Besides standard high school, there are many vocational high schools in each city such as: technical, medical, chemistry, economy, law, gymnasium etc. and some form of high school is obligatory and lasts four years. On completing high school, students are awarded a Secondary School Leaving Diploma.
In 2008, 85% of high school graduates were enrolled in universities. An undergraduate degree would normally be obtained in four to six years. The duration of the studies depends on the type of faculty. For example: Faculty of Economics is four years, Faculty of Law three years, Technological/Metallurgical Faculty five years, Faculty of Medicine six years etc.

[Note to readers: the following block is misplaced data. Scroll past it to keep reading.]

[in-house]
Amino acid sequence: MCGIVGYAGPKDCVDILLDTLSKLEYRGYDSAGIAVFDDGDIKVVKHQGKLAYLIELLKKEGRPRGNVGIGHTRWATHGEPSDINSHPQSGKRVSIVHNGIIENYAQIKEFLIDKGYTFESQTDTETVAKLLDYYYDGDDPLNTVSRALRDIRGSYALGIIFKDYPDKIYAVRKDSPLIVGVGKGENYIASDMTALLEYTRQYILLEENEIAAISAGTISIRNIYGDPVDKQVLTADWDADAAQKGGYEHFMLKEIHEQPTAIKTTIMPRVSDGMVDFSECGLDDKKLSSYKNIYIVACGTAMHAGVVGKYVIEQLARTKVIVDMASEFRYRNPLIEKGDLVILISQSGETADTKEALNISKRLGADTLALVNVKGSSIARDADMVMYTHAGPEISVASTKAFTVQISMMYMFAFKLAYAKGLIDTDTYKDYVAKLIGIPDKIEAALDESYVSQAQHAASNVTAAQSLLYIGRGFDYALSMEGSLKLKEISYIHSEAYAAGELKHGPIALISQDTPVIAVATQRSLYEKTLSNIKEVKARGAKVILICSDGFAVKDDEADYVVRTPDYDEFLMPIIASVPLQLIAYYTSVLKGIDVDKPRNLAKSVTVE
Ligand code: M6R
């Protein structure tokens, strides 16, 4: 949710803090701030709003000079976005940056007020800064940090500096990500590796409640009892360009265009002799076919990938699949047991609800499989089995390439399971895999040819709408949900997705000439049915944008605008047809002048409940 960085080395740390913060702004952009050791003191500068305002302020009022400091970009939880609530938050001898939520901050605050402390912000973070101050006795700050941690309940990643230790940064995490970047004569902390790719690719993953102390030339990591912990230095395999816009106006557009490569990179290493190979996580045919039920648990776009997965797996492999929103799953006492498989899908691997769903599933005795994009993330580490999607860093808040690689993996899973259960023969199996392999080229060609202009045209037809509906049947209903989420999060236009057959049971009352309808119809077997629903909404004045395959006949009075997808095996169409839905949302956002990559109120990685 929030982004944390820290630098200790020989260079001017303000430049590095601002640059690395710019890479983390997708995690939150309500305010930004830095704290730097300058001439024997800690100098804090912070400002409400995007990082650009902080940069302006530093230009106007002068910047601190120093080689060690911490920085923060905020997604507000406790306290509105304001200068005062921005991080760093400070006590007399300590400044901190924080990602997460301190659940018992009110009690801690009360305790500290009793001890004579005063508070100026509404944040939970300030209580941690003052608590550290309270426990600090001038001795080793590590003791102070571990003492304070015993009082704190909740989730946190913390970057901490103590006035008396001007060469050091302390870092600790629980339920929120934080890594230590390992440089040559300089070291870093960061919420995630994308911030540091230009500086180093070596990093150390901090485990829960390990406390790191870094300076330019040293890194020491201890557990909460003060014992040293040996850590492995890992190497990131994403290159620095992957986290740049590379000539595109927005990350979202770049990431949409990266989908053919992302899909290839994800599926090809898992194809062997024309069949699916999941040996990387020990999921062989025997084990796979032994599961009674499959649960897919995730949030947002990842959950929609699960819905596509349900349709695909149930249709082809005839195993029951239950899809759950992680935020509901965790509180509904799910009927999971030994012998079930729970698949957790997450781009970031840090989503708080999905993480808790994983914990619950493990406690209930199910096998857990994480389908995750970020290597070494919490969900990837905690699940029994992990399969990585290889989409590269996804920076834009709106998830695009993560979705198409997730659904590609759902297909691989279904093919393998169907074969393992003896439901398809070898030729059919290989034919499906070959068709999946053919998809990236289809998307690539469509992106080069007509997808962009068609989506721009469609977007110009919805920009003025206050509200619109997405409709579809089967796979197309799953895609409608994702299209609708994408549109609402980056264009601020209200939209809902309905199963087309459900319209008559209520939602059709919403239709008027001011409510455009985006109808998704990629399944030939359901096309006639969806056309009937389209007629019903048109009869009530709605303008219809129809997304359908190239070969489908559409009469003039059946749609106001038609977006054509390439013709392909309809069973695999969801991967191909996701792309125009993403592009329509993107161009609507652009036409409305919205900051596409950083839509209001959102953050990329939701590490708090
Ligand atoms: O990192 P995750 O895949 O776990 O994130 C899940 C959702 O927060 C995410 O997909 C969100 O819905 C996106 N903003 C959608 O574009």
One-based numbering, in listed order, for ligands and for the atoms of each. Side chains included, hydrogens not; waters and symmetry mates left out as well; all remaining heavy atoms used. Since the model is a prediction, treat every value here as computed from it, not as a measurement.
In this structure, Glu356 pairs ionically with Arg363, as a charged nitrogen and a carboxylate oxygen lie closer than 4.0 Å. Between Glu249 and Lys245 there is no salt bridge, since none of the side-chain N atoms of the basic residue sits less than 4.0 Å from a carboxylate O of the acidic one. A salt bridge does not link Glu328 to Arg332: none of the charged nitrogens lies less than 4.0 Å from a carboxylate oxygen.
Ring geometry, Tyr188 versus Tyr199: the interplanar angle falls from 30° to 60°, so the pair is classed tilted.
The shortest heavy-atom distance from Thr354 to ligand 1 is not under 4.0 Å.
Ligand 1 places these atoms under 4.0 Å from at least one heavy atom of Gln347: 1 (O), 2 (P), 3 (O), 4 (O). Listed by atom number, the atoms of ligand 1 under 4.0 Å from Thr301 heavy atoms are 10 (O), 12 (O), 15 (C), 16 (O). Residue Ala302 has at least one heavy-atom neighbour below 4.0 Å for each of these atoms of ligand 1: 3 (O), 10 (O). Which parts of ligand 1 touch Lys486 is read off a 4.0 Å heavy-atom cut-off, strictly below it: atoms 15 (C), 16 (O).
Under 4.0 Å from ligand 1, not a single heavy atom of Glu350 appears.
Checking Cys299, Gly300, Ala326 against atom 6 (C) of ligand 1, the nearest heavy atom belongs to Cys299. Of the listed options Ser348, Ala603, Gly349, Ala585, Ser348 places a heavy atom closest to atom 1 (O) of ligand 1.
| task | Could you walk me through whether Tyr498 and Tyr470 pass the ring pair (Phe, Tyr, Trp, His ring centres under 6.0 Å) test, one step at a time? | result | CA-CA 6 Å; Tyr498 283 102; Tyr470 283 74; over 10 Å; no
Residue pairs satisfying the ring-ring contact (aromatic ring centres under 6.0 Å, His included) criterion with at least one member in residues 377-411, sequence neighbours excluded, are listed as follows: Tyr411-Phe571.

After finishing the first academic level students can go on to complete Masters and Doctoral degrees.
At the state-owned universities there are two levels of fees. Students who have a good grade point average pay 200€ per year, and the fee for those who do not satisfy the requirements for the so called state-fee need to pay more, usually 400€. However, depending on the student’s status, participation fee is higher and can range from 400-600€ per year. This is the so the called private fee.
The FYROM has a young and educated workforce. Approximately 45% of the population is under 30 years old.
In 2009 the FYROM was recognized as an IT leader in the region for launching information technologies into education supported by the company Intel. Intel awarded 15 Million Dollars to the FYROM Government’s Project “Computer for every child”.
For further information see below:
- http://www.mon.gov.mk/en/index.php [mk] [en] [al]
http://www.mio.gov.mk/?q=node/3150 [mk] [en]
1.5 Xenophobia: being a foreigner in FYROM